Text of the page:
Laura Gabbert: We dove into recording the Zoom calls for research and development, thinking, who knows how long the pandemic will last, maybe we can fly places and interview people in a few weeks. Then it went on and we just kept recording.

RR: I really did not make it easy for Laura because I just kept going down rabbit holes. All of that will be available to scholars in the future. It’s a fascinating record of these two and a half years.

LG: It’s also fascinating because it’s present tense; if you’re talking to someone every week, you’re getting every twist and turn of what’s happening to a particular business or farm. You also get the visceral texture of it. That was one of the advantages we found of using Zoom calls in the film—you’re liberated from one camera with a light in a room. The construction of that makes people uneasy or nervous. [The Zooms] were just Ruth and these people. They knew they were being recorded but it became very intimate and spontaneous.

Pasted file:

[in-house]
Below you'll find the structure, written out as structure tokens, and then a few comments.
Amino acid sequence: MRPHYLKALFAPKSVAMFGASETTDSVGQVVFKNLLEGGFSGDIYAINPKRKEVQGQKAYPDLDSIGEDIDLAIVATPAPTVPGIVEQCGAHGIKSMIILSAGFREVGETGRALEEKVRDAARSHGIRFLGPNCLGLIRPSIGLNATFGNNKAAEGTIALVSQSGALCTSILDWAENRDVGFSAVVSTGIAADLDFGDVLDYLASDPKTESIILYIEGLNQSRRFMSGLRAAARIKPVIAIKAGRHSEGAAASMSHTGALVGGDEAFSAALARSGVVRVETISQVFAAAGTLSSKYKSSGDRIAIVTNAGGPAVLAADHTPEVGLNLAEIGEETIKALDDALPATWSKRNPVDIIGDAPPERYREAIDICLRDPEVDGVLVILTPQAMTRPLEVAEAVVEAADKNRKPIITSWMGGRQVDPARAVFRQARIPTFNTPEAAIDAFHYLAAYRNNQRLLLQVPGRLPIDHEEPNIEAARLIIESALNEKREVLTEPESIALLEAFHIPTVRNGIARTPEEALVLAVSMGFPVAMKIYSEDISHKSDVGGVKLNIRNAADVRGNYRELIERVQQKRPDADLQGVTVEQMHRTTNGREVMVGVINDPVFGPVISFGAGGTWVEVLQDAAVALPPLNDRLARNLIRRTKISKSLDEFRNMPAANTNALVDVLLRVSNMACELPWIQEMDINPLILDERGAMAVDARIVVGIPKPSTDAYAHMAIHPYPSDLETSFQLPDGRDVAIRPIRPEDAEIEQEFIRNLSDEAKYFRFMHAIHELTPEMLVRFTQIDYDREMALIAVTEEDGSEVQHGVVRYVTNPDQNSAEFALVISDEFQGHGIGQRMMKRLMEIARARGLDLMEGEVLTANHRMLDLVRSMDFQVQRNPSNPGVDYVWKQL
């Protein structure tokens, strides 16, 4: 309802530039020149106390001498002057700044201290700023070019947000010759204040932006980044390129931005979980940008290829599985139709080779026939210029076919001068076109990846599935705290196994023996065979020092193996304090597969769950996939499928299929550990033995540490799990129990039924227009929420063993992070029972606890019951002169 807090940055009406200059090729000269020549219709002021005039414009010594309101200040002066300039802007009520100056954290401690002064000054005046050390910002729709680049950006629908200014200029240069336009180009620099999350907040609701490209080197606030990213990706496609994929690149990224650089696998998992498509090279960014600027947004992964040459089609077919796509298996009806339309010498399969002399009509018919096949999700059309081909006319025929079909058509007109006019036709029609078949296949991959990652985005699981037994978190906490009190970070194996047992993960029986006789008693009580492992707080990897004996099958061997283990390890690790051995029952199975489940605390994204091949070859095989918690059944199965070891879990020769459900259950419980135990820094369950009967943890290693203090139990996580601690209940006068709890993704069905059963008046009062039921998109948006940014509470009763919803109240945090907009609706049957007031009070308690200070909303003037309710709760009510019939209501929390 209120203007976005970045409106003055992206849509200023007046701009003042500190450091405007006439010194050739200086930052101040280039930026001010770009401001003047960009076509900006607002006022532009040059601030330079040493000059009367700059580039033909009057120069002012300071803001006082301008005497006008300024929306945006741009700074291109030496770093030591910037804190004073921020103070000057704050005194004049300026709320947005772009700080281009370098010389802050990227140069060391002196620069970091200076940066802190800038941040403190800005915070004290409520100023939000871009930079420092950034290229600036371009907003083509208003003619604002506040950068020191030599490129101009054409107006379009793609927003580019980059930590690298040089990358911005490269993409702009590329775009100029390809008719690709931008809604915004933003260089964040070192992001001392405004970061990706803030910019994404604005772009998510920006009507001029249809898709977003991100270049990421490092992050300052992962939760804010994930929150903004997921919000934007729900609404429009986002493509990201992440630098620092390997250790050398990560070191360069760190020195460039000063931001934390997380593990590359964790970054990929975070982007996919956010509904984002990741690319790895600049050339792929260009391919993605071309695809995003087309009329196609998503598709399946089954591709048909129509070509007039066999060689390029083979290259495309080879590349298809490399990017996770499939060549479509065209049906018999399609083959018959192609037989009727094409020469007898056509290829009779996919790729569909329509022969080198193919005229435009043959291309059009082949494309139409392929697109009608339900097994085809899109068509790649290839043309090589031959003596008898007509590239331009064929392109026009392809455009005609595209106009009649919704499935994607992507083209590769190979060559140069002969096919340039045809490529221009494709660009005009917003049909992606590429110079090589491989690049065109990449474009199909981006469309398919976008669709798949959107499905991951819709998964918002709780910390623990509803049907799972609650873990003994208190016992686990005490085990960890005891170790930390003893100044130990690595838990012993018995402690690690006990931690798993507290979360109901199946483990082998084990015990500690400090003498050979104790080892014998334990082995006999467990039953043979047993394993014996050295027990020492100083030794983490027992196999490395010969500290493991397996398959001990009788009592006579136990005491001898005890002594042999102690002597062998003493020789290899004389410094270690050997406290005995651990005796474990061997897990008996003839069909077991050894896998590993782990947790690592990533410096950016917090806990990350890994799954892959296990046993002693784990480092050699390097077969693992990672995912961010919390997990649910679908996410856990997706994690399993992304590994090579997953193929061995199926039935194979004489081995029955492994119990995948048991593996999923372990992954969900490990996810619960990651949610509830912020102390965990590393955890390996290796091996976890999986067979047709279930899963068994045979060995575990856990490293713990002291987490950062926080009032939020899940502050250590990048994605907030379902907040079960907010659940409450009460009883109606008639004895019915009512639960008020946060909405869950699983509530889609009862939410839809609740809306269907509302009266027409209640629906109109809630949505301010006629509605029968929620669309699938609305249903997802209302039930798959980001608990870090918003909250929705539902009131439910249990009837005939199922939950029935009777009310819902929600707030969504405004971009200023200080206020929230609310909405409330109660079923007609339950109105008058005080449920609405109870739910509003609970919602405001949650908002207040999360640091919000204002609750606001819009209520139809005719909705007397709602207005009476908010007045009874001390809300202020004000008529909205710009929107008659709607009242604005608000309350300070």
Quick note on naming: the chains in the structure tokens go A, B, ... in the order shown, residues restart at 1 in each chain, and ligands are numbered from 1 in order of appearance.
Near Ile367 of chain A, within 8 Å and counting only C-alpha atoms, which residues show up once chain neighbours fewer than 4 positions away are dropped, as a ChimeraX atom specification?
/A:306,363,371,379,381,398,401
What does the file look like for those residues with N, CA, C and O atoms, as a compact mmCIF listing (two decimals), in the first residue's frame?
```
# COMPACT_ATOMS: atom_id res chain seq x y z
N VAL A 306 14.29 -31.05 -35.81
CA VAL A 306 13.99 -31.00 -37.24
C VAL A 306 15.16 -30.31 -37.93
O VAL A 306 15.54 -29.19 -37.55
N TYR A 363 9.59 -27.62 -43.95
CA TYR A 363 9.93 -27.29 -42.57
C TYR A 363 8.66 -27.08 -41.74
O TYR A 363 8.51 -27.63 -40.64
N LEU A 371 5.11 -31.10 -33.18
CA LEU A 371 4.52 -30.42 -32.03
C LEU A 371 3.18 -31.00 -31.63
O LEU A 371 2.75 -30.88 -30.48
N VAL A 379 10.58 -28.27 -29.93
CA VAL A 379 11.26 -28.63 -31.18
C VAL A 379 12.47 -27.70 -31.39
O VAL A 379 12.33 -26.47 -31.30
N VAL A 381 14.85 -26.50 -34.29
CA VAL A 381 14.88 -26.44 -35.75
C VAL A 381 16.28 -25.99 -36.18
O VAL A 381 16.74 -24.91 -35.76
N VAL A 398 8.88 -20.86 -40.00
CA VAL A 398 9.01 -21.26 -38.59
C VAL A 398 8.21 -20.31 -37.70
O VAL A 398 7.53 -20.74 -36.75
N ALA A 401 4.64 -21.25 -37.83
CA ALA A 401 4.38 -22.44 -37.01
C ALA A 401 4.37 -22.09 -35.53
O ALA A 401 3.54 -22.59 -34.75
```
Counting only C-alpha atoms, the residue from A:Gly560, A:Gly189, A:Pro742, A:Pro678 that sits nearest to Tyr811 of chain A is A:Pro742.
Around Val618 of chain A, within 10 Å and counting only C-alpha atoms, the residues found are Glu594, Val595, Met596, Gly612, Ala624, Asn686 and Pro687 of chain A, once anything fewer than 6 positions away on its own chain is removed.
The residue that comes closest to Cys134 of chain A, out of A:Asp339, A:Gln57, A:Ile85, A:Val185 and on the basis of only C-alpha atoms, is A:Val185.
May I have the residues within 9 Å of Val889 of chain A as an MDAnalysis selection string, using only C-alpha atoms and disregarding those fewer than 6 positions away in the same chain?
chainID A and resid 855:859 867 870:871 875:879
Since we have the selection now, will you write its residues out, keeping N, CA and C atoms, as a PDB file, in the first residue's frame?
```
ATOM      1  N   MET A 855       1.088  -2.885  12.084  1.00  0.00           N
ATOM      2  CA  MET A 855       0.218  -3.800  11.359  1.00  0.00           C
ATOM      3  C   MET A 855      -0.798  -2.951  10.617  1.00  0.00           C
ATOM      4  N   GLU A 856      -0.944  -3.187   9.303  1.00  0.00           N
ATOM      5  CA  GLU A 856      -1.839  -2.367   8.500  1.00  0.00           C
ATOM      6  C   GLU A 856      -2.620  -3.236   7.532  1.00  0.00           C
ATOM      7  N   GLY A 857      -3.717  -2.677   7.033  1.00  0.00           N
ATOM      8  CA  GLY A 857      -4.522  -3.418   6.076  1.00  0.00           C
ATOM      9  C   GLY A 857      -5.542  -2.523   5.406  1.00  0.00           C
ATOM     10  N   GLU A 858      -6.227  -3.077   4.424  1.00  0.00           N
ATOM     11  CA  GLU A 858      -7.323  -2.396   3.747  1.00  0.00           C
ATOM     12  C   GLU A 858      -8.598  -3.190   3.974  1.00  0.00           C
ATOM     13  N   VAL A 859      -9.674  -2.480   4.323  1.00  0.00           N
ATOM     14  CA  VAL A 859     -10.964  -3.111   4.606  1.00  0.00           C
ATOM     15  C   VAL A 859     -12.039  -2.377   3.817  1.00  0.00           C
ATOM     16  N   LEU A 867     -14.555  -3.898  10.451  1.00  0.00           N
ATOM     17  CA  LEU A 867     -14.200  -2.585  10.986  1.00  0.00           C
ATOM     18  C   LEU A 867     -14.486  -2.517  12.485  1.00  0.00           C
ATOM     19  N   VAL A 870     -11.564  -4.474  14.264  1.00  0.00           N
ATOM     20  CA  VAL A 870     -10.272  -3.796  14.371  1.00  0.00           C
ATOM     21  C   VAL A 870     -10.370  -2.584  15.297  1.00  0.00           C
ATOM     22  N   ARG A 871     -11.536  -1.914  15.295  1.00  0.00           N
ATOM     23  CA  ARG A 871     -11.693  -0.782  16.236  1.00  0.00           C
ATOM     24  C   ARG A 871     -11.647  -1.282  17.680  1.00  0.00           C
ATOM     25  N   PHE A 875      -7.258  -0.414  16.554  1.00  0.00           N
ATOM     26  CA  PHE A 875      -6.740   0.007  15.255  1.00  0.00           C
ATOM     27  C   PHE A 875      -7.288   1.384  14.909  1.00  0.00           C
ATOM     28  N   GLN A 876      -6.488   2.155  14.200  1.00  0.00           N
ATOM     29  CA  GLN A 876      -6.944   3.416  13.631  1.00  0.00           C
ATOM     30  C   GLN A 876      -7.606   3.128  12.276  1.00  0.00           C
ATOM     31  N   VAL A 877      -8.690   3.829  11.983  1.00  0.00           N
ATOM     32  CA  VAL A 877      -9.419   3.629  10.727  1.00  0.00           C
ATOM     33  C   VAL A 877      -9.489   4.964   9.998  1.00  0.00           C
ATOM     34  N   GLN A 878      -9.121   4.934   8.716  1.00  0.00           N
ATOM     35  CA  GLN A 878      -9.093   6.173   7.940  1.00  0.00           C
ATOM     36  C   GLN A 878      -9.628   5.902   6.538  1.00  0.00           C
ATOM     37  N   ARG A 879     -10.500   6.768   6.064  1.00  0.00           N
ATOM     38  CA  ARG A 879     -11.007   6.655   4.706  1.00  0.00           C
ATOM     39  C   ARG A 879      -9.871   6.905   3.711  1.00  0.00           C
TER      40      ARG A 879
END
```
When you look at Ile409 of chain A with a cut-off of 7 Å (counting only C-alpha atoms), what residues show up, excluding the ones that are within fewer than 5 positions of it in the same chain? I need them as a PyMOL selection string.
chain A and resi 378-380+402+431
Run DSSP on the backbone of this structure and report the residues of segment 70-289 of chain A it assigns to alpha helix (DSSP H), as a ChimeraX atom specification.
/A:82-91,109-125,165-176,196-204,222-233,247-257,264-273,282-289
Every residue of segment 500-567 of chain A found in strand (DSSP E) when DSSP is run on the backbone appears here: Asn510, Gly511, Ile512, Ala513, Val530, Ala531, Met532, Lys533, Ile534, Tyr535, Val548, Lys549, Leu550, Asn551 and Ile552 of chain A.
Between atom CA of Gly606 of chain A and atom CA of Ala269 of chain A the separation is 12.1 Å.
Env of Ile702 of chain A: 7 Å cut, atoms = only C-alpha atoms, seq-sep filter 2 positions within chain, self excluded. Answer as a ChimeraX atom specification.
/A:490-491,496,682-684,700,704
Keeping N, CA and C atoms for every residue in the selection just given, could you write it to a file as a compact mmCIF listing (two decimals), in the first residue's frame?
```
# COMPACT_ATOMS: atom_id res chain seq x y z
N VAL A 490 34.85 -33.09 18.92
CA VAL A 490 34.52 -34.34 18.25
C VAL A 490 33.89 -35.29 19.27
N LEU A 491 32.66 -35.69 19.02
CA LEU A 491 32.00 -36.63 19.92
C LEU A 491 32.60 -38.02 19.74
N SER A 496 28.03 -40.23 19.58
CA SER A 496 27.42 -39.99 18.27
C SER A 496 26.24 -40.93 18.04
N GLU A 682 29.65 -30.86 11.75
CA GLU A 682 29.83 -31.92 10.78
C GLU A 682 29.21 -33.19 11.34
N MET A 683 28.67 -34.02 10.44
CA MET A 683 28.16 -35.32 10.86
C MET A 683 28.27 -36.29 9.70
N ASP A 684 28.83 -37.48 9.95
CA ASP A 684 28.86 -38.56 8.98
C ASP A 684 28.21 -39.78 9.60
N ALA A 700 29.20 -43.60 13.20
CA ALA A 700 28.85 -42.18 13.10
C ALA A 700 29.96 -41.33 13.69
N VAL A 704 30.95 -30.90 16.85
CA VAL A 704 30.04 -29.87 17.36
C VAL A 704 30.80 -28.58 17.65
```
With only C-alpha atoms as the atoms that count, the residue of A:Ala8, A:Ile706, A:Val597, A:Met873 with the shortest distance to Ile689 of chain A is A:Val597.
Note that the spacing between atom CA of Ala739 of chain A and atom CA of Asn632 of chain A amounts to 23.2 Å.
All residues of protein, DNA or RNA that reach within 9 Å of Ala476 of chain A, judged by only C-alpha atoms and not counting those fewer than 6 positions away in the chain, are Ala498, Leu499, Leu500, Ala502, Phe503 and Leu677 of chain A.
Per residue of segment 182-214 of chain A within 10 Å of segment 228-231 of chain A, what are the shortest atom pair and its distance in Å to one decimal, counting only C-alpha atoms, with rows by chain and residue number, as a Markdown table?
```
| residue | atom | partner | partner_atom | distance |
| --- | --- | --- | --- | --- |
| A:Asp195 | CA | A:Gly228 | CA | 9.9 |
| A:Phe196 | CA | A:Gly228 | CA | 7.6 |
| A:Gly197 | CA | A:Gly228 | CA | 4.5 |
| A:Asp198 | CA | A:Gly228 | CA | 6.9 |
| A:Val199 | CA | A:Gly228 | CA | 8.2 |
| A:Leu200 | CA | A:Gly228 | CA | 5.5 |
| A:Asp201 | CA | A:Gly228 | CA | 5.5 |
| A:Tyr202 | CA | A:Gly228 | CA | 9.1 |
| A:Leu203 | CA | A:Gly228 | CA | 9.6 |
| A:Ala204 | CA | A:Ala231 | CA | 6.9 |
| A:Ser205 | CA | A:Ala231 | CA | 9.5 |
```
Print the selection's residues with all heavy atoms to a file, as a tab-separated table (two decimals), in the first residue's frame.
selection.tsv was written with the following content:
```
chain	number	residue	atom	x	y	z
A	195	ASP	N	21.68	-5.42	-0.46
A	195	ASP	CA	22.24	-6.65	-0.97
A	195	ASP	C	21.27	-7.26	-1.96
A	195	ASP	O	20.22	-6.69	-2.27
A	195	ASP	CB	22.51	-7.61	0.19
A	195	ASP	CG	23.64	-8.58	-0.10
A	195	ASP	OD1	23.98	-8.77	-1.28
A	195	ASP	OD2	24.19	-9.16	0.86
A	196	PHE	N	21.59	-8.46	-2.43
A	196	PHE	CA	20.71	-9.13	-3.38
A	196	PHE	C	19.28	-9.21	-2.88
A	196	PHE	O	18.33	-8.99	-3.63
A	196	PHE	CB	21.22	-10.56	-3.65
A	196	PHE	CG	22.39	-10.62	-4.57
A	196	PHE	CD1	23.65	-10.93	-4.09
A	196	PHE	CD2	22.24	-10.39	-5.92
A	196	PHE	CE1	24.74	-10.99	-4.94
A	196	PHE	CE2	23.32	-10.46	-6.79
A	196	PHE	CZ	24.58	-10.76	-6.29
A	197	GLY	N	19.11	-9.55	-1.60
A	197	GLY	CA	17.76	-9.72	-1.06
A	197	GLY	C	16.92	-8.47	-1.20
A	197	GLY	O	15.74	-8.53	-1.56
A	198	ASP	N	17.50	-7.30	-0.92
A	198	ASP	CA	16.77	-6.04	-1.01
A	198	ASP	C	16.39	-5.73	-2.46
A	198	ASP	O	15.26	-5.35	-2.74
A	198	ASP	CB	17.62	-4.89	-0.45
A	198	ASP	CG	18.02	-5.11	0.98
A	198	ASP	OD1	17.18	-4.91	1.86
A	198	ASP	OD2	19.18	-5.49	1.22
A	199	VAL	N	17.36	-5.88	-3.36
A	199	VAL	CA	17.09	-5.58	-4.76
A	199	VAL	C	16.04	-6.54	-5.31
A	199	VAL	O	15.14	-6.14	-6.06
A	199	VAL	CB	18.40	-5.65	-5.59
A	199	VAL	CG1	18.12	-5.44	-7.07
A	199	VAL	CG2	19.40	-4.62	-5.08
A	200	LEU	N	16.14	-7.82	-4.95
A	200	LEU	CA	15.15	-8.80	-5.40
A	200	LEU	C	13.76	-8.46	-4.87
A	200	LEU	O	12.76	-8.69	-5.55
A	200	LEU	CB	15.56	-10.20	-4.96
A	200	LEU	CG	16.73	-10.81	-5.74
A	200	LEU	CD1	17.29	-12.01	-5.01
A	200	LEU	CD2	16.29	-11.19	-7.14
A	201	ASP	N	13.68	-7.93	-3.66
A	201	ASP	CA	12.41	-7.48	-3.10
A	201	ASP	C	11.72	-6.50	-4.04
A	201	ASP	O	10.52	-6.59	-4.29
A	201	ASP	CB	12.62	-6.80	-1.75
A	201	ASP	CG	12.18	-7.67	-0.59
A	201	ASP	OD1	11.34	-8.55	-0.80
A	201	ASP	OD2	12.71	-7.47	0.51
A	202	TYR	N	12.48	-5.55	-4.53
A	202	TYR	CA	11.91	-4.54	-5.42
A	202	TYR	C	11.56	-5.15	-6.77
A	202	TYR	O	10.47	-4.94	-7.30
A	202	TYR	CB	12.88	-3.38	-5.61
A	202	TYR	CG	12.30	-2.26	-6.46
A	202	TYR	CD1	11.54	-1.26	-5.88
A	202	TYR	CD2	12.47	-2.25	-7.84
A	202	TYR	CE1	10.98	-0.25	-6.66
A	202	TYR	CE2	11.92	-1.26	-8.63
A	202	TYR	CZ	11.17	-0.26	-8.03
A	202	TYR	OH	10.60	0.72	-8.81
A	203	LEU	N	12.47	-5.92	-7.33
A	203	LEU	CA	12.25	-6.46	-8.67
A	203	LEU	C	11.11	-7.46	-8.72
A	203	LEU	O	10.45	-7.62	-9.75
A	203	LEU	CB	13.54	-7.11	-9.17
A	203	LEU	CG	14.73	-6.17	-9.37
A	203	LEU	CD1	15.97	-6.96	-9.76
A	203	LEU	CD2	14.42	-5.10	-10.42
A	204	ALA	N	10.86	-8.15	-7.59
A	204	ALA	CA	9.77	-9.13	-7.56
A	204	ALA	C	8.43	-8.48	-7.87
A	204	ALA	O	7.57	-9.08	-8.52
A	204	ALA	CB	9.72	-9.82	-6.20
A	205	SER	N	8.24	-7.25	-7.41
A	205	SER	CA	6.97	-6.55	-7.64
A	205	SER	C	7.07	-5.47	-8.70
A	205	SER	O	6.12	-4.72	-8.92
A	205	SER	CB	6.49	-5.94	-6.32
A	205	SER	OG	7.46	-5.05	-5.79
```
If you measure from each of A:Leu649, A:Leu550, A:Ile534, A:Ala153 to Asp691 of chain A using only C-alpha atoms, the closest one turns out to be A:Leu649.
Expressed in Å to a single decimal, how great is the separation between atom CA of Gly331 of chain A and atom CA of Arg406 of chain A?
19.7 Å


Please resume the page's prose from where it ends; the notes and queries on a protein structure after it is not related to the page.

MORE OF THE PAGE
RR: And because it was COVID we were all locked up. Five separate people said, at one point or another, you’re like my shrink, I so need someone to talk to who I’m not with every day. It became very confessional on both ends with these perfect strangers who became friends.

Laura Gabbert and Ruth Reichl, 2023 Sundance Institute. Photo by Anjelica Jardiel.

S&F: How did you decide on the kinds of representation you wanted in the film?

LG: I think Ruth was prescient that this could be a disaster moment, and that made us reach wide and far and try and find as many people and different points of view [as we could]. In a 90-minute film you can’t have 30 characters, and that was our struggle: we had so many characters we couldn’t include.